Tuesday, August 2, 2011

Did You Know? Different Types of Editing

MP900446674 When you ask someone to “edit” your work, what exactly does that mean?  There are various schools of thought on types or “levels of edit” so it is important to ask a potential editor what type of editorial services they offer and what to expect.  Doing this will set the expectations of the project and ensure that both author and editor are on the same page.

For my own professional editorial services, I use the following levels of edit:

  • Developmental
  • Substantive
  • Copyediting
  • Proofreading

Each level has its own parameters.  Note:  The parameters may vary from editor to editor.  Be sure to find out what is included at what level with any editor you consider.

Developmental

  • Assists the author during manuscript development (sometimes before, perhaps during the concept or outline stage) in terms of content and organization.
  • May be involved in the writing and/or editing of the manuscript, depending on the scope and terms of the project agreement.
  • A developmental editor may sometimes be regarded as a ghostwriter or co-author.

Substantive

  • Concerned with the overall integrity of the manuscript.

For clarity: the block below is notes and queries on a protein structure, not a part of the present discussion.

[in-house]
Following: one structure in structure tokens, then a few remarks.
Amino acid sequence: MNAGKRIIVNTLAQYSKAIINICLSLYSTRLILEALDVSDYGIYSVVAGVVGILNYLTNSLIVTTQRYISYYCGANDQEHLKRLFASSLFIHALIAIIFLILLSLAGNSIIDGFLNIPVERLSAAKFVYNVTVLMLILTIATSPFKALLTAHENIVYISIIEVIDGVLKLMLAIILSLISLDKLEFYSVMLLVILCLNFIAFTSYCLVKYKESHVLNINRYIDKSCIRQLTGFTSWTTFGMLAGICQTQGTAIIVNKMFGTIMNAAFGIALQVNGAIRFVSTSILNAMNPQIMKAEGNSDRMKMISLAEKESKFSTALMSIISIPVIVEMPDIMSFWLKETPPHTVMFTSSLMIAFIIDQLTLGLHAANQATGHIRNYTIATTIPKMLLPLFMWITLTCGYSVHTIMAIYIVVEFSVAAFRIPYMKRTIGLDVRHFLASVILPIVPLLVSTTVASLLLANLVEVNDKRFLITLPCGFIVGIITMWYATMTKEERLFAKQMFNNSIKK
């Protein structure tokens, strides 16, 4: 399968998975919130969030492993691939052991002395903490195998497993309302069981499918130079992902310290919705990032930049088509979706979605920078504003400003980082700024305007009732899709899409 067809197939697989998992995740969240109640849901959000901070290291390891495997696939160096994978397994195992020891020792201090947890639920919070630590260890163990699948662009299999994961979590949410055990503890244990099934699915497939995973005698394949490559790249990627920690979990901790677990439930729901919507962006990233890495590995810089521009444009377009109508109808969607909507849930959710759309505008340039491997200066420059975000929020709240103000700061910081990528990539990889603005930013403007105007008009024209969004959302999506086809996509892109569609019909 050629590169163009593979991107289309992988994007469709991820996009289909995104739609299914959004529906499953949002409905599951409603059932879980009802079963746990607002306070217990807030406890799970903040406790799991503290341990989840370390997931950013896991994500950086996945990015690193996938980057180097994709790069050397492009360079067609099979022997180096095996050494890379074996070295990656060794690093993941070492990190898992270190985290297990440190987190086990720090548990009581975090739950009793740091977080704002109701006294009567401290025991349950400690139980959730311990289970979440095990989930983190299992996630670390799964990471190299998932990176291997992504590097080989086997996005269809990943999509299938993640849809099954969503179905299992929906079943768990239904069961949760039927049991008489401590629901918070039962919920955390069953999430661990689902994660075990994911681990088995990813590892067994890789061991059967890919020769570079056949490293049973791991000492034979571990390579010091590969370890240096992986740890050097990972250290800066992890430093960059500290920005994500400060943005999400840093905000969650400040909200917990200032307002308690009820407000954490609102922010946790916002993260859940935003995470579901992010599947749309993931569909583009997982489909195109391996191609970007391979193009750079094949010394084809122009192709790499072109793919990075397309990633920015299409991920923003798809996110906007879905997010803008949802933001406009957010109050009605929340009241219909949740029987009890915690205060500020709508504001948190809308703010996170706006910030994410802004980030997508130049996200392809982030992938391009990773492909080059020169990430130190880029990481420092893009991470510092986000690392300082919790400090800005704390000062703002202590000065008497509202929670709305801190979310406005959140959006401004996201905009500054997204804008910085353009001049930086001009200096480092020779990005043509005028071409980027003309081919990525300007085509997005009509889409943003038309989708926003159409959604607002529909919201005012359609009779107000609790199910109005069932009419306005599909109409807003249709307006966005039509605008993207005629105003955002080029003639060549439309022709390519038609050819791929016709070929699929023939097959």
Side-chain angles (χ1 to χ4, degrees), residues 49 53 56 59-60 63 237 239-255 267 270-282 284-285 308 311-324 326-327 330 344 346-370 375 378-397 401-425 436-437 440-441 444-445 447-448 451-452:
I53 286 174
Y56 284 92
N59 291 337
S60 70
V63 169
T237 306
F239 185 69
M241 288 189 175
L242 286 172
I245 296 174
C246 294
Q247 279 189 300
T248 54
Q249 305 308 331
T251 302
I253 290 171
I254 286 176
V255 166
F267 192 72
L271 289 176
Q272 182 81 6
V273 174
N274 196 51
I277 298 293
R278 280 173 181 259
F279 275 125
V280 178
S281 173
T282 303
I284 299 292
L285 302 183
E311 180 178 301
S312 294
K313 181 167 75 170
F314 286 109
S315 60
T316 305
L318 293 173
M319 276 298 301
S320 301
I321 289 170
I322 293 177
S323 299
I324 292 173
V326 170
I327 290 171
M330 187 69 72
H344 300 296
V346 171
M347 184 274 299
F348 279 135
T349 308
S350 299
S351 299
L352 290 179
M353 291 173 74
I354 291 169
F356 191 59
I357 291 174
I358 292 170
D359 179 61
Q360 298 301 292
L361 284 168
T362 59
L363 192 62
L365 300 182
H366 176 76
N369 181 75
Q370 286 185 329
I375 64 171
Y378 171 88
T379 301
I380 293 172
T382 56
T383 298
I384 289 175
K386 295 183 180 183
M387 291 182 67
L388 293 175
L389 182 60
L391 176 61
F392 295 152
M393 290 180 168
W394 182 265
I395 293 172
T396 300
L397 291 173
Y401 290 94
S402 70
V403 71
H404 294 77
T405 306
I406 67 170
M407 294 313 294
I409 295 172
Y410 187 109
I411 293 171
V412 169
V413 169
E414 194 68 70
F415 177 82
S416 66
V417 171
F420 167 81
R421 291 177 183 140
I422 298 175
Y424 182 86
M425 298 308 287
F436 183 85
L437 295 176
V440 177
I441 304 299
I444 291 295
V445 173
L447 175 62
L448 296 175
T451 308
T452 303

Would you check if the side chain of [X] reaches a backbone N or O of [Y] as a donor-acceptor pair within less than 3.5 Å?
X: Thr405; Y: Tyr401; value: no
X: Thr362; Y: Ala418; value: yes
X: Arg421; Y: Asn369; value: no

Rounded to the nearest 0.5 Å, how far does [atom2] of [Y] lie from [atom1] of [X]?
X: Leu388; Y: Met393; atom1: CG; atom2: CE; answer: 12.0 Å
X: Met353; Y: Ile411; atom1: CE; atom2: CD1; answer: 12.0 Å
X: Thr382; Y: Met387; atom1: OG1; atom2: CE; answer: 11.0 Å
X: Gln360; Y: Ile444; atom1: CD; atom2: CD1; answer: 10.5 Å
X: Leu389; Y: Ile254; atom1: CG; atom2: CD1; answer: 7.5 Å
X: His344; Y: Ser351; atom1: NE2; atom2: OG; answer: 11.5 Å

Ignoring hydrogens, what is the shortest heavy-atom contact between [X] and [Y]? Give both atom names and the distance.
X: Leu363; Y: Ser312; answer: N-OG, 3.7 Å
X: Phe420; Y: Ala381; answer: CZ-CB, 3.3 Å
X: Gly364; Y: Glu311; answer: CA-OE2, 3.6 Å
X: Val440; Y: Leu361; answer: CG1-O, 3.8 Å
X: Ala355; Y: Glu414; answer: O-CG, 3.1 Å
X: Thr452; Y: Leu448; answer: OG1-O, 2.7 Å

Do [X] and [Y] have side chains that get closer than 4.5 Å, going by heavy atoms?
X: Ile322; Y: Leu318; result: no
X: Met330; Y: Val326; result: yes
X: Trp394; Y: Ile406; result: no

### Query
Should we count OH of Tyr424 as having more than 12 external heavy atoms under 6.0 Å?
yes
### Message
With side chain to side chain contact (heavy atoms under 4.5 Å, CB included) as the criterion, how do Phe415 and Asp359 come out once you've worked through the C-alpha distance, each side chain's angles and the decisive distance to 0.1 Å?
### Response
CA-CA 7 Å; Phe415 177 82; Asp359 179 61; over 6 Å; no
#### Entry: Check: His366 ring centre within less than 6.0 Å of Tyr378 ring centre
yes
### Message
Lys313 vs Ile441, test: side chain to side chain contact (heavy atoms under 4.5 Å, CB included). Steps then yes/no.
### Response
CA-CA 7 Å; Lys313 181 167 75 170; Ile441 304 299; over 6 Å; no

• Rewrites/revises and reorganizes content for clarity, logic, and presentation.

Copyediting

  • Adheres to specified style guide.
  • Corrects errors in grammar, spelling, punctuation, syntax, and word usage.
  • Checks for consistency in voice, terms, abbreviations/acronyms, style, and format.
  • Verifies facts, calculations, cross-references, and website addresses.
  • Queries author when questions of clarity, logic, or inconsistencies arise.

Proofreading

  • Examines a proof (a.k.a. galley proof or galley) against the edited manuscript for typographical errors or omissions.
  • May query copyeditor or author with other errors such as word usage, grammar, and punctuation. 

Most of the work I do falls under substantive and copyediting, and more often than not, due to time constraints, those types of edits end up combined.  This is always determined ahead of time and is provided for in the written service agreement.

Remember, when working with any editor it is important to clearly understand what editorial services will be provided.  And of course, make sure to get it in writing to ensure the project’s expectations are agreed upon by both author and editor.

3 comments:

Polly FitzGerald Kimmitt, CG said...

Interesting!

Paula Goff Christy said...

Very informative. I'm not that far along in the process but it's good info to have. Thanks.

Marian Pierre-Louis said...

Great post!

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